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By Dorothy Cheng

Meet Laura Gagliardi, chemistry professor in the College of Science and Engineering:

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This photograph of Professor Gagliardi, along with a written statement about her research will be on display at Walter Library along with those of 30 other scientists and engineers.

Inventive Women, a photography exhibit featuring female faculty members from the College of Science and Engineering, is having an opening reception this Friday, September 24, in Walter Library from 3:00-3:30. The exhibit will be open until December 24th. It's free and open to the public, so be sure to check it out if you're around campus. (If you're thinking of doing a campus visit this fall, you could attend our information session and tour, grab some coffee, and then check out the exhibit!)

If you're not able to make it onto campus to see the exhibit in person, take a look at the pictures and written statements online. They are fascinating and inspiring.

This is a really great photo project which showcases the work of our faculty members and displays each in their research labs. Just think--as a U of M student, you could be conducting research with these amazing women in just a few years!

By Matt Sabongi

Did you know that Minneapolis was ranked "Best Bicycling City in the Nation" by Bicycling Magazine? No matter whether you're living on or off campus, getting around the University of Minnesota and the Twin Cities is very easy when riding a bicycle. In fact, according to the City of Minneapolis, Minneapolis actually has over 120 miles of bikeways, with 83 of those being off-street bike trails.

I am a big fan of biking. It's a healthy, affordable, and convenient way to get around. When I was living both on and off campus as a student, my bike would take me where ever I needed to go, whenever I needed to be there. Whether I was heading to class, running some errands, or simply riding around the Grand Rounds National Scenic Byway, biking was always my top choice of transport!

Don't think twice about bringing your bike to campus. The University of Minnesota is extremely biker-friendly! You can find bike lanes and free bike racks all over campus. Check out the U of M Parking and Transportation website for bike maps, rack location, routes, safety tips and repair services.

Everyone knows that you are supposed to follow the food pyramid for a healthy diet, but have you ever wondered if your diet should change at different points of your life, or if you need to eat more or less, depending on your age? There is a class the University of Minnesota that is all about healthy eating for your age and body called Life Cycle Nutrition. The class is in the Department of Food Science and Nutrition in College of Food, Agricultural and Natural Resource Sciences.

Every person should have a specific diet depending on their age, body composition, immunity, and amount of physical activity. During different parts of the lifecycle, nutritional changes should be made. The course covers everything from sports nutrition for athletes to nutrition for pregnant women.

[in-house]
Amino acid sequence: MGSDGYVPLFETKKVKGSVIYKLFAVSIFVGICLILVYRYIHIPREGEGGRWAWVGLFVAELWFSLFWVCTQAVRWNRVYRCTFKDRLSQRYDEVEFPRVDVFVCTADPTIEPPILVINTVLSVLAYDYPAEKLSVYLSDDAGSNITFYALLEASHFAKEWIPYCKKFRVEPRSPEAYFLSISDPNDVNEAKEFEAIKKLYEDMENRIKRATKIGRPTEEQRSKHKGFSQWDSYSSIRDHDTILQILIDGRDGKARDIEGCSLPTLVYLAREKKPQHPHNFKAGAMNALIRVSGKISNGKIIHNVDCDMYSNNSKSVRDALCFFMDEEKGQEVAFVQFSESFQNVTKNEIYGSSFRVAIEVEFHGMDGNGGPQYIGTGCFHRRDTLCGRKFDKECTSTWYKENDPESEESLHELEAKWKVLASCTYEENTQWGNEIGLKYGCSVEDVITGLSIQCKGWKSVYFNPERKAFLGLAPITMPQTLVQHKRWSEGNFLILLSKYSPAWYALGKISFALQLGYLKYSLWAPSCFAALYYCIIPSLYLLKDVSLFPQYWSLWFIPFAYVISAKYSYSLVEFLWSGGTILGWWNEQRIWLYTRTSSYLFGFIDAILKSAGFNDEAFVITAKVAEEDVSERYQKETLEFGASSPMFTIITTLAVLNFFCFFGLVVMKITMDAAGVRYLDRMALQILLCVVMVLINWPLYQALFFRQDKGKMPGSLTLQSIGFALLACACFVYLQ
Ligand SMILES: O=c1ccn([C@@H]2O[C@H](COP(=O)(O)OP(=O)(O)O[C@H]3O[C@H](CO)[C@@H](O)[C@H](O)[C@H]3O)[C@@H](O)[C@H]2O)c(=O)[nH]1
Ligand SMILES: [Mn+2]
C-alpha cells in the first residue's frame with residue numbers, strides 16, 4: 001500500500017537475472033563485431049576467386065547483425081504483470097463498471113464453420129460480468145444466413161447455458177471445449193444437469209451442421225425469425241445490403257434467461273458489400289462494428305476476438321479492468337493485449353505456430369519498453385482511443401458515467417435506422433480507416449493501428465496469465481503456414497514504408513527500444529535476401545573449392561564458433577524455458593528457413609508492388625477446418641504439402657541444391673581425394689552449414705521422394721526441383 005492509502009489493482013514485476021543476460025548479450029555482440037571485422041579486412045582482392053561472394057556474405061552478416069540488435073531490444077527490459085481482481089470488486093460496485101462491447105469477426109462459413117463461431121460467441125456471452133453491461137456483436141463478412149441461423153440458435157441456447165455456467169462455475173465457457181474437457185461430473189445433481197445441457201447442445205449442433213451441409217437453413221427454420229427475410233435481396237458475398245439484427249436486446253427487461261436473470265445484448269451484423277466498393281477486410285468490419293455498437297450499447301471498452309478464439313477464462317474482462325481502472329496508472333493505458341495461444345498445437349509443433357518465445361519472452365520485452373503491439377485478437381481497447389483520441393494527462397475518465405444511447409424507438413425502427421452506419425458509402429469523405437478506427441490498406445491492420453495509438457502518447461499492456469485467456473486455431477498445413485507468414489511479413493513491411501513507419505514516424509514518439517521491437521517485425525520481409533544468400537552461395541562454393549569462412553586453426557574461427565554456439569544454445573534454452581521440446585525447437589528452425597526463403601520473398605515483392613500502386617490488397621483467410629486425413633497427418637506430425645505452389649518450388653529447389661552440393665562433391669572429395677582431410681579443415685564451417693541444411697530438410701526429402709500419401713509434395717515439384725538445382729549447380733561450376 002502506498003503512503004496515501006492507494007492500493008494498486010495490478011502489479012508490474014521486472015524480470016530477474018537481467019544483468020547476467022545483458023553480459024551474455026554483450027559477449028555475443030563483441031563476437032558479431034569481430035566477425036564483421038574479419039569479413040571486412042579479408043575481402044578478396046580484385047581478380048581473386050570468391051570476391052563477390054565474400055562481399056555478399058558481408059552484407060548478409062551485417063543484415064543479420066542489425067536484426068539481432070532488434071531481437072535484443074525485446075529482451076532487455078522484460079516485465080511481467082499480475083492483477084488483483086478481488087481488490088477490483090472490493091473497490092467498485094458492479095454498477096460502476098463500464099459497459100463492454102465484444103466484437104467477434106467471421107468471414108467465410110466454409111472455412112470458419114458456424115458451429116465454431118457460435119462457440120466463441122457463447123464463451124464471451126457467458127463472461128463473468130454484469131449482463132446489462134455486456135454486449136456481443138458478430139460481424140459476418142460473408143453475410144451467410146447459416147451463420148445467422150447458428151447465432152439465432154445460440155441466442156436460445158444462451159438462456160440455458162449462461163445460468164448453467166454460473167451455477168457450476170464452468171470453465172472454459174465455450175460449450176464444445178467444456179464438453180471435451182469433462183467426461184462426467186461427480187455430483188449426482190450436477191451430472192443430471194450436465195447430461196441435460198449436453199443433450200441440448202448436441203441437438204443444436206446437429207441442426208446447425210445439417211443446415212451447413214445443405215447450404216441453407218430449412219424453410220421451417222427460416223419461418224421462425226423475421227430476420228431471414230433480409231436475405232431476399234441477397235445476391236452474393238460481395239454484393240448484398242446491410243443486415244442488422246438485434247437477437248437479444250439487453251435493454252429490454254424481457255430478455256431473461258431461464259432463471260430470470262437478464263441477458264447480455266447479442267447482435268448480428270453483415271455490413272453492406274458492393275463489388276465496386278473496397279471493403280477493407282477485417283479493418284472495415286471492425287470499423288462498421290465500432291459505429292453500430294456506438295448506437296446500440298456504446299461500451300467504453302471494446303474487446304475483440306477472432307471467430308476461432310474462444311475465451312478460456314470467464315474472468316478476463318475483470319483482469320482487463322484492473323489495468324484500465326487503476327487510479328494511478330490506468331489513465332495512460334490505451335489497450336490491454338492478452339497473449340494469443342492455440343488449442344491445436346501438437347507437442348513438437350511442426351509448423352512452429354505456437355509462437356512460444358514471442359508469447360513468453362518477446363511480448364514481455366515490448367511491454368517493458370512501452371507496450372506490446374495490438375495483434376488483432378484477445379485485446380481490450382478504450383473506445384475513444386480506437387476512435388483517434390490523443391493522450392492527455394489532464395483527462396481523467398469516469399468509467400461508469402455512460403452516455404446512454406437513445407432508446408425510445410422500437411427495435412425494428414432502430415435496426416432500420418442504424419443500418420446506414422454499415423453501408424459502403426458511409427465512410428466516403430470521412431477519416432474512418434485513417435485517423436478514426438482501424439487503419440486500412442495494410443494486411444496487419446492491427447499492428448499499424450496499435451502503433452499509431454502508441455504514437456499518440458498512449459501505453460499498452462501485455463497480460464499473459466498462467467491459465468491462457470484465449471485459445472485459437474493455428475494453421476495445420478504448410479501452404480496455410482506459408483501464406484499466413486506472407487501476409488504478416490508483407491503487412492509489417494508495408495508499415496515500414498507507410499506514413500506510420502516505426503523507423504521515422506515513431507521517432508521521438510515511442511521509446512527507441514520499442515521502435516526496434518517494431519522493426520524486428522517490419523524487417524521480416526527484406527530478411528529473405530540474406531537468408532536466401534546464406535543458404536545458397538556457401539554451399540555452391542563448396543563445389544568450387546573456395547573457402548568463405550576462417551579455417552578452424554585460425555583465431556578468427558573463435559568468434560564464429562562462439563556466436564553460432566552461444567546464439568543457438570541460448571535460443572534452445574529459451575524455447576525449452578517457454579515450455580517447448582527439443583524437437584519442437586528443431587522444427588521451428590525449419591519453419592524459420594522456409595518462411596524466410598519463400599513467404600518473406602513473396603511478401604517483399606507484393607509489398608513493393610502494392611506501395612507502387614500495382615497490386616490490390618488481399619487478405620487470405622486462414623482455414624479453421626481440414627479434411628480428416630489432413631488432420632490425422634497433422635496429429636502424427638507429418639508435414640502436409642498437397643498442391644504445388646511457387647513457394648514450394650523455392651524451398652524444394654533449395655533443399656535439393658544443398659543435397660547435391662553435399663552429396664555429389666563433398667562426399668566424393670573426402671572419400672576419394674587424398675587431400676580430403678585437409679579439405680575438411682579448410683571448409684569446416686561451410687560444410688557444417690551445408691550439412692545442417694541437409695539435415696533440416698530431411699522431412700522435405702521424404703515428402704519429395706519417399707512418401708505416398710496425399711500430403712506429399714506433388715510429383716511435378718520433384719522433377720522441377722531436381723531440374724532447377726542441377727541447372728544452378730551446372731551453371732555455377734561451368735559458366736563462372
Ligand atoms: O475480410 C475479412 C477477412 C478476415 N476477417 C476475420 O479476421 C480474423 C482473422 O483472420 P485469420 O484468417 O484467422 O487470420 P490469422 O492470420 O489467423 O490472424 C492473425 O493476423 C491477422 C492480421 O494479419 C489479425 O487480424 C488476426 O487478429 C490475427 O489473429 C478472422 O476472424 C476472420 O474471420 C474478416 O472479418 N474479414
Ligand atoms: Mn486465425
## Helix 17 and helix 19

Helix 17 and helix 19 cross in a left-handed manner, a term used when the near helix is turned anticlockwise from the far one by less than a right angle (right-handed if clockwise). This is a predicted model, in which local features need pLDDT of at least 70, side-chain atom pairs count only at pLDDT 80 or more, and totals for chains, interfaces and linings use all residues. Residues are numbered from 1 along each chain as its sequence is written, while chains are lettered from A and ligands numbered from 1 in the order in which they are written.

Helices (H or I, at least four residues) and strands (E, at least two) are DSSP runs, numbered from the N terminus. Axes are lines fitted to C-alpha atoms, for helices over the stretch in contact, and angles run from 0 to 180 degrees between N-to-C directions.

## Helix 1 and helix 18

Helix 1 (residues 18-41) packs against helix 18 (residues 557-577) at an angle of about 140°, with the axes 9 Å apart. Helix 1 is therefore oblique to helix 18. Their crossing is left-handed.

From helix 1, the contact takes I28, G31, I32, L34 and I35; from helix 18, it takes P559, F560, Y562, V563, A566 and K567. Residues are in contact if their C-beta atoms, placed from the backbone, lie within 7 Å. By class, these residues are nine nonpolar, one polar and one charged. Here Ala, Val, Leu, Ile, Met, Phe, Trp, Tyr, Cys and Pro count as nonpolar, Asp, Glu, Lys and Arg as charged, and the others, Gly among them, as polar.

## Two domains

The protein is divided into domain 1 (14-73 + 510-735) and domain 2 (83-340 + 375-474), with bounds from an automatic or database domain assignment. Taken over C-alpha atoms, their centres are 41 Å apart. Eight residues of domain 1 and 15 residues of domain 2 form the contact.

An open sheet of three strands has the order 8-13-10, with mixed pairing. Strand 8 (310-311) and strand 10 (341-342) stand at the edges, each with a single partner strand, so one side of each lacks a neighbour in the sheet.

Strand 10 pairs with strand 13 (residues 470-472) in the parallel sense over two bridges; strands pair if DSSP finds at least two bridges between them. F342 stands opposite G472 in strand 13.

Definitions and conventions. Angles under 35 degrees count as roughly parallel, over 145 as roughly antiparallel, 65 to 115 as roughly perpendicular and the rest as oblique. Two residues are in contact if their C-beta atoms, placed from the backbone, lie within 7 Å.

Students in this class are required to volunteer for five hours at a food-related organization for one of the assignments of the course. The professors recommend many different organizations to volunteer at including Meals on Wheels, a food service for the elderly, and WIC (Women, Infants, and Children), a program that gives groceries to low income pregnant women. Through the volunteering assignment, students get an inside look at how this nutritional knowledge is put to good use.

Another one of the assignments is to complete a "nutritional makeover" for someone with a nutritional problem specific to the lifecycle. For example, a child that is a very picky eater or an athlete that is not getting enough calories out of their diet. Students then write a paper summarizing a solution to the individual's problem.

This class is not only beneficial for nutrition majors, but also anyone that wants to eat healthy and live longer!

Ever thought about how people would react if you broke out in song and dance in an everyday environment? Check out what happens when University of Minnesota theater and music student treat shoppers at the Golden Valley Byerly's grocery store to their "Mealtime Hero" skit.

 

 

Okay, so it's not exactly improptu, but talk about bringing your education to an environment outside of the classroom! You can also check out some of the other projects students in the College of Liberal Arts are working on at the College of Liberal Arts YouTube page. 

Throughout the year students, faculty and professors will post new videos highlighting the many happenings with the college. Make sure you check back frequently as new videos are posted.

By Zack Haas 

The professional mentorship program in the College of Liberal Arts matches students with working professionals in the careers that our graduates pursue. Through the program students have the opportunity to explore potential careers and build relationships with alumni. The program provides students with an excellent opportunity for career exploration by seeing first hand how the professional world operates. 

Check out what Blake Bensman, a senior studying journalism and mass communication (with an emphasis in professional strategic communication), has to say about his involvment in the program by clicking on the fourth video on the right side of the Discover CLA website. This website also offers helpful links to information about our programs, professors and student life. As you explore you college choices, I encourage you to Discover CLA at the University of Minnesota!


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